After a rough start to the year, existing-home sales have now climbed higher for three consecutive months. Sales last month beat expectations and reached their fastest pace since last year. However, concerns remain about the sluggish labor market.
The National Association of Realtors announced Tuesday that total existing-home sales — completed transactions of single-family homes, town homes, condos, and co-ops — increased 2.6 percent to a seasonally adjusted annual rate of 5.04 million units in June compared to an upwardly revised 4.91 million units in May. In fact, this is the first time sales reached an annual pace of 5 million units since October 2013.
The results were better than expected. Economists expected sales of a 4.97 million unit pace in June. Earlier this year, sales missed estimates for seven consecutive months. Although sales were impressive last month, they remain 2.3 percent below the 5.16 million unit level a year earlier. This is the eighth consecutive month that sales were below year-ago levels.
“Inventories are at their highest level in over a year and price gains have slowed to much more welcoming levels in many parts of the country,” said Lawrence Yun, NAR’s chief economist, in a press release. “This bodes well for rising home sales in the upcoming months as consumers are provided with more choices. On the contrary, new home construction needs to rise by at least 50 percent for a complete return to a balanced market because supply shortages — particularly in the West – are still putting upward pressure on prices.”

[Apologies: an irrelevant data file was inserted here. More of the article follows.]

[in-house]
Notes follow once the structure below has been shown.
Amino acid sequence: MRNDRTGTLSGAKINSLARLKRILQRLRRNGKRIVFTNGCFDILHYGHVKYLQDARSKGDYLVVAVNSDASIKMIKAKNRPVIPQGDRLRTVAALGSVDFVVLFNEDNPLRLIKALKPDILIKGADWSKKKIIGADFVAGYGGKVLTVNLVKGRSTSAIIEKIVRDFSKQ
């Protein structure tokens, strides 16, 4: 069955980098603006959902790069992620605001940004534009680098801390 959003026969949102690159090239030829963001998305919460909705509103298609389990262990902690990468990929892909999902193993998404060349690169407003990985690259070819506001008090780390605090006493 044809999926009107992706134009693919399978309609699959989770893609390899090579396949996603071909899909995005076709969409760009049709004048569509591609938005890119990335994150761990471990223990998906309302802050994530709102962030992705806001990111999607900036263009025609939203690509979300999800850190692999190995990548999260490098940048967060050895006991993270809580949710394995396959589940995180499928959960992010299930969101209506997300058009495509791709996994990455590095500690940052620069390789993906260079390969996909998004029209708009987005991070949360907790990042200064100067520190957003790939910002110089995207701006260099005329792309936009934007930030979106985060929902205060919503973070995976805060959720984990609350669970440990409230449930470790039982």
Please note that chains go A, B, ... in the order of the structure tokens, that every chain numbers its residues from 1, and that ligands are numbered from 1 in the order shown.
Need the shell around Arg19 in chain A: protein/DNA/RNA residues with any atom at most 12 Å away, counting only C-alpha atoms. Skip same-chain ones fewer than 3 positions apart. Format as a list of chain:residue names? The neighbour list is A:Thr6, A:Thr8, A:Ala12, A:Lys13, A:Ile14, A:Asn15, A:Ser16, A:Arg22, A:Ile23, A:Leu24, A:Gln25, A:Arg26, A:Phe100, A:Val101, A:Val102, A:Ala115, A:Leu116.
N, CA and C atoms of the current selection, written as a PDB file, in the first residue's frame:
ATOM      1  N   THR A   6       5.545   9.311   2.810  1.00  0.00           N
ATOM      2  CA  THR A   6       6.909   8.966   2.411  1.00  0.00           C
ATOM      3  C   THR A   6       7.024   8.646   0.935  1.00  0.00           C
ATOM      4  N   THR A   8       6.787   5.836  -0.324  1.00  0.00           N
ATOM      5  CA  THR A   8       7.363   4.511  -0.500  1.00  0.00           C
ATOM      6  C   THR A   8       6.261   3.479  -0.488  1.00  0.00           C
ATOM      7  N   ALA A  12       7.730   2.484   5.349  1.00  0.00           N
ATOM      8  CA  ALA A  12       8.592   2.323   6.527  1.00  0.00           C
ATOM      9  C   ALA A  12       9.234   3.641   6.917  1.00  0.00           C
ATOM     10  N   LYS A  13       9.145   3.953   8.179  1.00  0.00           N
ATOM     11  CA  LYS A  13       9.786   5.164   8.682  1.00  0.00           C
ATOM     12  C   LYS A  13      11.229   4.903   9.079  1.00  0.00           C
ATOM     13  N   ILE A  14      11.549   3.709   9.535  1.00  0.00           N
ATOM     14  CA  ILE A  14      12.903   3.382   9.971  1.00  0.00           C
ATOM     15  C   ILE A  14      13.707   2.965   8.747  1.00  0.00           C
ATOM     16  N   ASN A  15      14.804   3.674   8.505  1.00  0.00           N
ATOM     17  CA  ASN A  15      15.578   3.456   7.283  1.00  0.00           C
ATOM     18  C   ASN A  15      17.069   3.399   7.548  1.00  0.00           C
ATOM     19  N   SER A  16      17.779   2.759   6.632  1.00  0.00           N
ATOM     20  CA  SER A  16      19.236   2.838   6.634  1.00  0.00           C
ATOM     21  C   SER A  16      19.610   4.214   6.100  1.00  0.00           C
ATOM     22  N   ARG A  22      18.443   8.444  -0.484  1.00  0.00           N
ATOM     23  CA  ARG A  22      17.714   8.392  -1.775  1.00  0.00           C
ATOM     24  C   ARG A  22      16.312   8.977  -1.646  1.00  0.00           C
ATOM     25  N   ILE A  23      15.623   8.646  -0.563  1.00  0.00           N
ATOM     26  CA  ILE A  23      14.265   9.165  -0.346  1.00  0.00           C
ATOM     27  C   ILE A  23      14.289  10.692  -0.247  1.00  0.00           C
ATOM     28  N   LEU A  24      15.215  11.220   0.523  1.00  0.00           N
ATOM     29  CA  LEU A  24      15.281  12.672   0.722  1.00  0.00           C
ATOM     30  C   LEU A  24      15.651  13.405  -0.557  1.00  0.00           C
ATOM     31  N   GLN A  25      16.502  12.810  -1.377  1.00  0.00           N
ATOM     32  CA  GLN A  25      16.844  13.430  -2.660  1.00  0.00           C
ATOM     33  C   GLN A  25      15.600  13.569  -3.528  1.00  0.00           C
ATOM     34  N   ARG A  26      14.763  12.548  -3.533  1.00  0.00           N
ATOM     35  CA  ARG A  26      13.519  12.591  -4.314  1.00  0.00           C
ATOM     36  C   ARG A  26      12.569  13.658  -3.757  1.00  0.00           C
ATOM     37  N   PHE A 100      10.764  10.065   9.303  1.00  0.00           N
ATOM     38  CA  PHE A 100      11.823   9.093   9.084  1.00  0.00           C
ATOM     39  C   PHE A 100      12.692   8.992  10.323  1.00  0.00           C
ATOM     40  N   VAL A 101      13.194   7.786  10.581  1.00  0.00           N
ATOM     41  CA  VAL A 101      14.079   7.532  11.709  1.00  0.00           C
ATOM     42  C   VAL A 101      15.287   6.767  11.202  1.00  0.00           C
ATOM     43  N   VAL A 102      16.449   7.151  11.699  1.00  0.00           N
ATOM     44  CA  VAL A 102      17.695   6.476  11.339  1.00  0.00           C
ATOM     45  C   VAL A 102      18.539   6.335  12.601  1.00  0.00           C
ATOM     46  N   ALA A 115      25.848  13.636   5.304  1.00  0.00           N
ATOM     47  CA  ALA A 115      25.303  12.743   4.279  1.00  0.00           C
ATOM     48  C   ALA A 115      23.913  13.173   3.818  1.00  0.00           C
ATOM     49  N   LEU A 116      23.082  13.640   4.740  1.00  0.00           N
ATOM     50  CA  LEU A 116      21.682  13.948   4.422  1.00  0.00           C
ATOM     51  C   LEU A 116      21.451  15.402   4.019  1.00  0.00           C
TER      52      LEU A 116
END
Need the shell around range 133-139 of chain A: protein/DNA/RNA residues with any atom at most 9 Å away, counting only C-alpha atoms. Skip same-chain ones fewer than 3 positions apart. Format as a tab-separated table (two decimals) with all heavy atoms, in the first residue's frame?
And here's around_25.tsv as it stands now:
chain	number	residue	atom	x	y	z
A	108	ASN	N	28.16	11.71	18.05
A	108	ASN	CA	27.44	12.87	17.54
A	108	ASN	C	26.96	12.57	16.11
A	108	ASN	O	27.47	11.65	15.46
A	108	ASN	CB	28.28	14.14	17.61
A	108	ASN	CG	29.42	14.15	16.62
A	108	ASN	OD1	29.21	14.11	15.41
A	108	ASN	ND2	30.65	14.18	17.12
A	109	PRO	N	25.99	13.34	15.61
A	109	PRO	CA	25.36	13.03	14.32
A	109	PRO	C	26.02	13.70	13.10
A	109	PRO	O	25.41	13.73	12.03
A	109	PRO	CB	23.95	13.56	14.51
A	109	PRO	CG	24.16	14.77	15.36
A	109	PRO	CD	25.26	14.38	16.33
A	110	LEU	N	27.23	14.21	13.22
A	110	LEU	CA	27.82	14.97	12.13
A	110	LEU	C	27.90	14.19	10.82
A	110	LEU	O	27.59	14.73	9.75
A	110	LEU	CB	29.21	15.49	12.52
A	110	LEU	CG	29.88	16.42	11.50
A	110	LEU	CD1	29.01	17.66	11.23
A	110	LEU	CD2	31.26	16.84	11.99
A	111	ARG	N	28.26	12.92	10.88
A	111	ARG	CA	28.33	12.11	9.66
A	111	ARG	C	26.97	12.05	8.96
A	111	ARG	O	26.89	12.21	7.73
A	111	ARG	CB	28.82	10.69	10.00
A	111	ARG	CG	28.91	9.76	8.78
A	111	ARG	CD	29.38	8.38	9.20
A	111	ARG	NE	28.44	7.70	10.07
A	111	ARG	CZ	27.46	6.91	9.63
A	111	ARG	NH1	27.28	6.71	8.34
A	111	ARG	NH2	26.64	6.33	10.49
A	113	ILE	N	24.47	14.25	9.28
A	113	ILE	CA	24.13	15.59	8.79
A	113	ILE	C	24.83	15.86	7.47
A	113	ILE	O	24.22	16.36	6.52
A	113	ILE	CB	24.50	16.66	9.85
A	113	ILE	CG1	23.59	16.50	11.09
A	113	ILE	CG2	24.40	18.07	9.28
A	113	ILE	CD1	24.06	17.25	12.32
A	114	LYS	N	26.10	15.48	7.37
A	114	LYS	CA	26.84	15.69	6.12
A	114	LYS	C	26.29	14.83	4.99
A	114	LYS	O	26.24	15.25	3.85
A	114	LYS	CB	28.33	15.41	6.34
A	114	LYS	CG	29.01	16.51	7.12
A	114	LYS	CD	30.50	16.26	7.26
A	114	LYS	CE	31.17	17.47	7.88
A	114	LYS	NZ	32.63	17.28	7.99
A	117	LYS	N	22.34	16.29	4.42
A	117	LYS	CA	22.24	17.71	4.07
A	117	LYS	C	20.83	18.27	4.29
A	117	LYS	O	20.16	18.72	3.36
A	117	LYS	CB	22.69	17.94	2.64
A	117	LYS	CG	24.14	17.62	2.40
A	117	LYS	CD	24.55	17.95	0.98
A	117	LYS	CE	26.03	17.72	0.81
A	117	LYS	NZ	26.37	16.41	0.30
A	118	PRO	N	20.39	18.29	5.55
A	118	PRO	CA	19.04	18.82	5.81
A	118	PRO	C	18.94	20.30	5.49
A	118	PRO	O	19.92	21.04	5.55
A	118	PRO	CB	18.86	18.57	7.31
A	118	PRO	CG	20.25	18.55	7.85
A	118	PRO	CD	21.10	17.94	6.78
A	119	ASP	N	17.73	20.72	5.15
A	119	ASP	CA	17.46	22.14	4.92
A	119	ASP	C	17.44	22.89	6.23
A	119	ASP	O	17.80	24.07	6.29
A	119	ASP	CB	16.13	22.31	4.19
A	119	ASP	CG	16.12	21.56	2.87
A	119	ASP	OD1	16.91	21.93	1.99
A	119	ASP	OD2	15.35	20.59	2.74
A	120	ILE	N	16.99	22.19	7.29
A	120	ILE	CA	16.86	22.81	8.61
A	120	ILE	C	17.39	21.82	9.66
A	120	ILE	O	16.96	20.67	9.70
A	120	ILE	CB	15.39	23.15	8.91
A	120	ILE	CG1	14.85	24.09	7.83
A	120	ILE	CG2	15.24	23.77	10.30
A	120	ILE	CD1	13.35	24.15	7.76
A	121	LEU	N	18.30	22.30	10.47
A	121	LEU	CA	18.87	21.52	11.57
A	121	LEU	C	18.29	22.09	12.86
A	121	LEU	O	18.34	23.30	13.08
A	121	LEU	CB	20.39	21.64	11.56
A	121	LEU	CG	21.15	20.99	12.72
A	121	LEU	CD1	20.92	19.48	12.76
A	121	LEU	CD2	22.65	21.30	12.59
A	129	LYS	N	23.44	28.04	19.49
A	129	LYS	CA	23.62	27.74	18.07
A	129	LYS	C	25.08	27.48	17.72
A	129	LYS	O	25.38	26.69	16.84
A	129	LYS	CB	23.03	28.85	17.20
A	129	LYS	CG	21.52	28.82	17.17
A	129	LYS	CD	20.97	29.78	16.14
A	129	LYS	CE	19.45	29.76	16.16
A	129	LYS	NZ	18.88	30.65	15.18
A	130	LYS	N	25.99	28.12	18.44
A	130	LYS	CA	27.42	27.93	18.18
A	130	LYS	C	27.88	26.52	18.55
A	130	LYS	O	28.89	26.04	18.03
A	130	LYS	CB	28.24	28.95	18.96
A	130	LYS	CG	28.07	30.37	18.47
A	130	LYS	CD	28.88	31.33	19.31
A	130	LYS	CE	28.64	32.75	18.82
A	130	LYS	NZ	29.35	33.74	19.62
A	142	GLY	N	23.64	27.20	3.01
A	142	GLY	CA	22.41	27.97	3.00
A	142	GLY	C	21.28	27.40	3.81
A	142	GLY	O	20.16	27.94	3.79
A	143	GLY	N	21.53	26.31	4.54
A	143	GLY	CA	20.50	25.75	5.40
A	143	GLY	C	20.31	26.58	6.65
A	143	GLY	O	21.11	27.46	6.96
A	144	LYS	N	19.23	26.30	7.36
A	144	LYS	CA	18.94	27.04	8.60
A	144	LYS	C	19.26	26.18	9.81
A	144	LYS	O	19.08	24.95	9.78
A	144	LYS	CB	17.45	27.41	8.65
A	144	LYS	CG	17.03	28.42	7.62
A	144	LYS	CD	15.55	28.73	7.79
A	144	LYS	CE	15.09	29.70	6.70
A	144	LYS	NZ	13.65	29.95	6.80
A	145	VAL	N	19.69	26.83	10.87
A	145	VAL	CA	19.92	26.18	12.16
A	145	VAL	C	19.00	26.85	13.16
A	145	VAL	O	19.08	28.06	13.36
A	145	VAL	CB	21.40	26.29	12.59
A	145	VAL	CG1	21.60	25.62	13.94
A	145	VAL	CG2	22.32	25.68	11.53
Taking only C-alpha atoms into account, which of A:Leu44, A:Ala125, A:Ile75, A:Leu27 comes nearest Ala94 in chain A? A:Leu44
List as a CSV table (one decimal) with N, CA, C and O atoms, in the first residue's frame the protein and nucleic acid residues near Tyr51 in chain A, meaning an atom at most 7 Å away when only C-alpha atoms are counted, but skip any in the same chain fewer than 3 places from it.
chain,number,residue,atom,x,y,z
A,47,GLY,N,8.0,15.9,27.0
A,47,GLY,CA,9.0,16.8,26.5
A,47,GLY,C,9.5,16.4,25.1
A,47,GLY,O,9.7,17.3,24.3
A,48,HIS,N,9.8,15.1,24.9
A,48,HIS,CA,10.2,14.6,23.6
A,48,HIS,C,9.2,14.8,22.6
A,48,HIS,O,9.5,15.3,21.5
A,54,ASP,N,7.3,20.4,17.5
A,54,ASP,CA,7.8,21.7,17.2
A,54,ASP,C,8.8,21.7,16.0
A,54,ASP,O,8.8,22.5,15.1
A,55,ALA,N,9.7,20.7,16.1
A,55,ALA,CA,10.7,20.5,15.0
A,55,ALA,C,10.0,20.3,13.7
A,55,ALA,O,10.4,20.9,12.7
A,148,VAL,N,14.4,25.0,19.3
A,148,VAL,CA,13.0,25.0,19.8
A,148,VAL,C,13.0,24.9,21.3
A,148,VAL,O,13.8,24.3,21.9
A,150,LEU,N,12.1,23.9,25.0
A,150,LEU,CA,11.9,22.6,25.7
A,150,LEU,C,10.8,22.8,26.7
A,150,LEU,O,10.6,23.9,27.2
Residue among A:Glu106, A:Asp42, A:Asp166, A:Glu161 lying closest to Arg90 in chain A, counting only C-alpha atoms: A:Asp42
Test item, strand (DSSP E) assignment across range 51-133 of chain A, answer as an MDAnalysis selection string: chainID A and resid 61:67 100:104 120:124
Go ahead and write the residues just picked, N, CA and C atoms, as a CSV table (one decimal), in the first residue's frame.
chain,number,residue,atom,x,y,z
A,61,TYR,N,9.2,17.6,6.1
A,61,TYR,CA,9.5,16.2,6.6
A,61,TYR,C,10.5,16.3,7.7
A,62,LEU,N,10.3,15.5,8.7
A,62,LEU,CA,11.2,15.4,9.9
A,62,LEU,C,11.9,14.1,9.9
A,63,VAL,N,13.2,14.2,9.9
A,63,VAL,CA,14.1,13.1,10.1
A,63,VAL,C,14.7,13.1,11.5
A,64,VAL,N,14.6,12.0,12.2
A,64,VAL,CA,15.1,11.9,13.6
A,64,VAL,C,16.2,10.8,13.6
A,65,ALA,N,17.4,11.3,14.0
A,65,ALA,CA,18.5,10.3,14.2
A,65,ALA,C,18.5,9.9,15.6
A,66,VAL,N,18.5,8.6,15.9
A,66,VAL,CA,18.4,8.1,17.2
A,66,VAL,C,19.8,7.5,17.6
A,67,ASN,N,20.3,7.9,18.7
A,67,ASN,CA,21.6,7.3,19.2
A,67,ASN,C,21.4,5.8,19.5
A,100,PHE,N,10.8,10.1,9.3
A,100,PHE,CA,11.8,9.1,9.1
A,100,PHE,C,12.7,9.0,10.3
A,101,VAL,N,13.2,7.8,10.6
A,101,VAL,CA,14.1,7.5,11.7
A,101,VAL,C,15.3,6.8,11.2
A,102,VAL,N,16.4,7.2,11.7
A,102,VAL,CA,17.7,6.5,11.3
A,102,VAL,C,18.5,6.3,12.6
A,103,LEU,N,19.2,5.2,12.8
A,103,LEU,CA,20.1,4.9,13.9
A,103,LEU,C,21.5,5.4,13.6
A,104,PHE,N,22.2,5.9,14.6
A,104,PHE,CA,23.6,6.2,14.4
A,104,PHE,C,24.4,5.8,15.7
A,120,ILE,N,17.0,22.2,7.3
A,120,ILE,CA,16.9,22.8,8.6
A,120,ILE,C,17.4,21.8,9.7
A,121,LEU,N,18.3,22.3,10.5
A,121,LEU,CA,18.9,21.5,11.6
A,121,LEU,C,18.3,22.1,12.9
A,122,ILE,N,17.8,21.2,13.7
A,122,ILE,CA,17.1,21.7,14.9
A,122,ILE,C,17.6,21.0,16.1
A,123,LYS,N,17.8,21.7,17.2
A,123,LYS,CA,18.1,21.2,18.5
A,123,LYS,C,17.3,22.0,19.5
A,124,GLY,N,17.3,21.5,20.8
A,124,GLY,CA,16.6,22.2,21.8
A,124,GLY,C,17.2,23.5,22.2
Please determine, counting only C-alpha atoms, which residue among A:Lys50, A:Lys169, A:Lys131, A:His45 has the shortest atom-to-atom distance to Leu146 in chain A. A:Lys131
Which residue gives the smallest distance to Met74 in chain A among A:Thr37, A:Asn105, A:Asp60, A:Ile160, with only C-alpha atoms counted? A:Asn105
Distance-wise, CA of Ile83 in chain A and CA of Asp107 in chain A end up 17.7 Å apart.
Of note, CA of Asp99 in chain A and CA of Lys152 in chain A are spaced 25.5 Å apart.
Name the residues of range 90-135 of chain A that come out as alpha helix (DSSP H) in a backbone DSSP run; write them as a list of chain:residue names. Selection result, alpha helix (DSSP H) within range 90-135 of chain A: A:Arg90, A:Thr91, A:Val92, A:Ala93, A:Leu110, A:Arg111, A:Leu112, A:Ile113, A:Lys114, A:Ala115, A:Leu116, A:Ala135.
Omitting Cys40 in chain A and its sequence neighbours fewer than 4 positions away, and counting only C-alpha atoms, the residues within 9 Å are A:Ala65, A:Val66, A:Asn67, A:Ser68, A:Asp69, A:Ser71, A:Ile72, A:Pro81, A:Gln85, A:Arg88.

Housing affordability issues are still being witnessed in the market. First-time buyers accounted for just 28 percent of purchases last month, up only 1 percent from 27 percent in May. A normal reading would be closer to 40 percent. The median existing-home price for all housing types in June increased 4.3 percent year over year to $223,300. Home prices have posted 28 consecutive months of year-over-year gains and will likely remain a challenge for first-time buyers.
Despite the falling unemployment rate, weak wage growth is still holding back the housing market. “Hiring has been a bright spot in the economy this year, adding an average of 230,000 jobs each month,” said Yun. “However, the lack of wage increases is leaving a large pool of potential homebuyers on the sidelines who otherwise would be taking advantage of low interest rates. Income growth below price appreciation will hurt affordability.”
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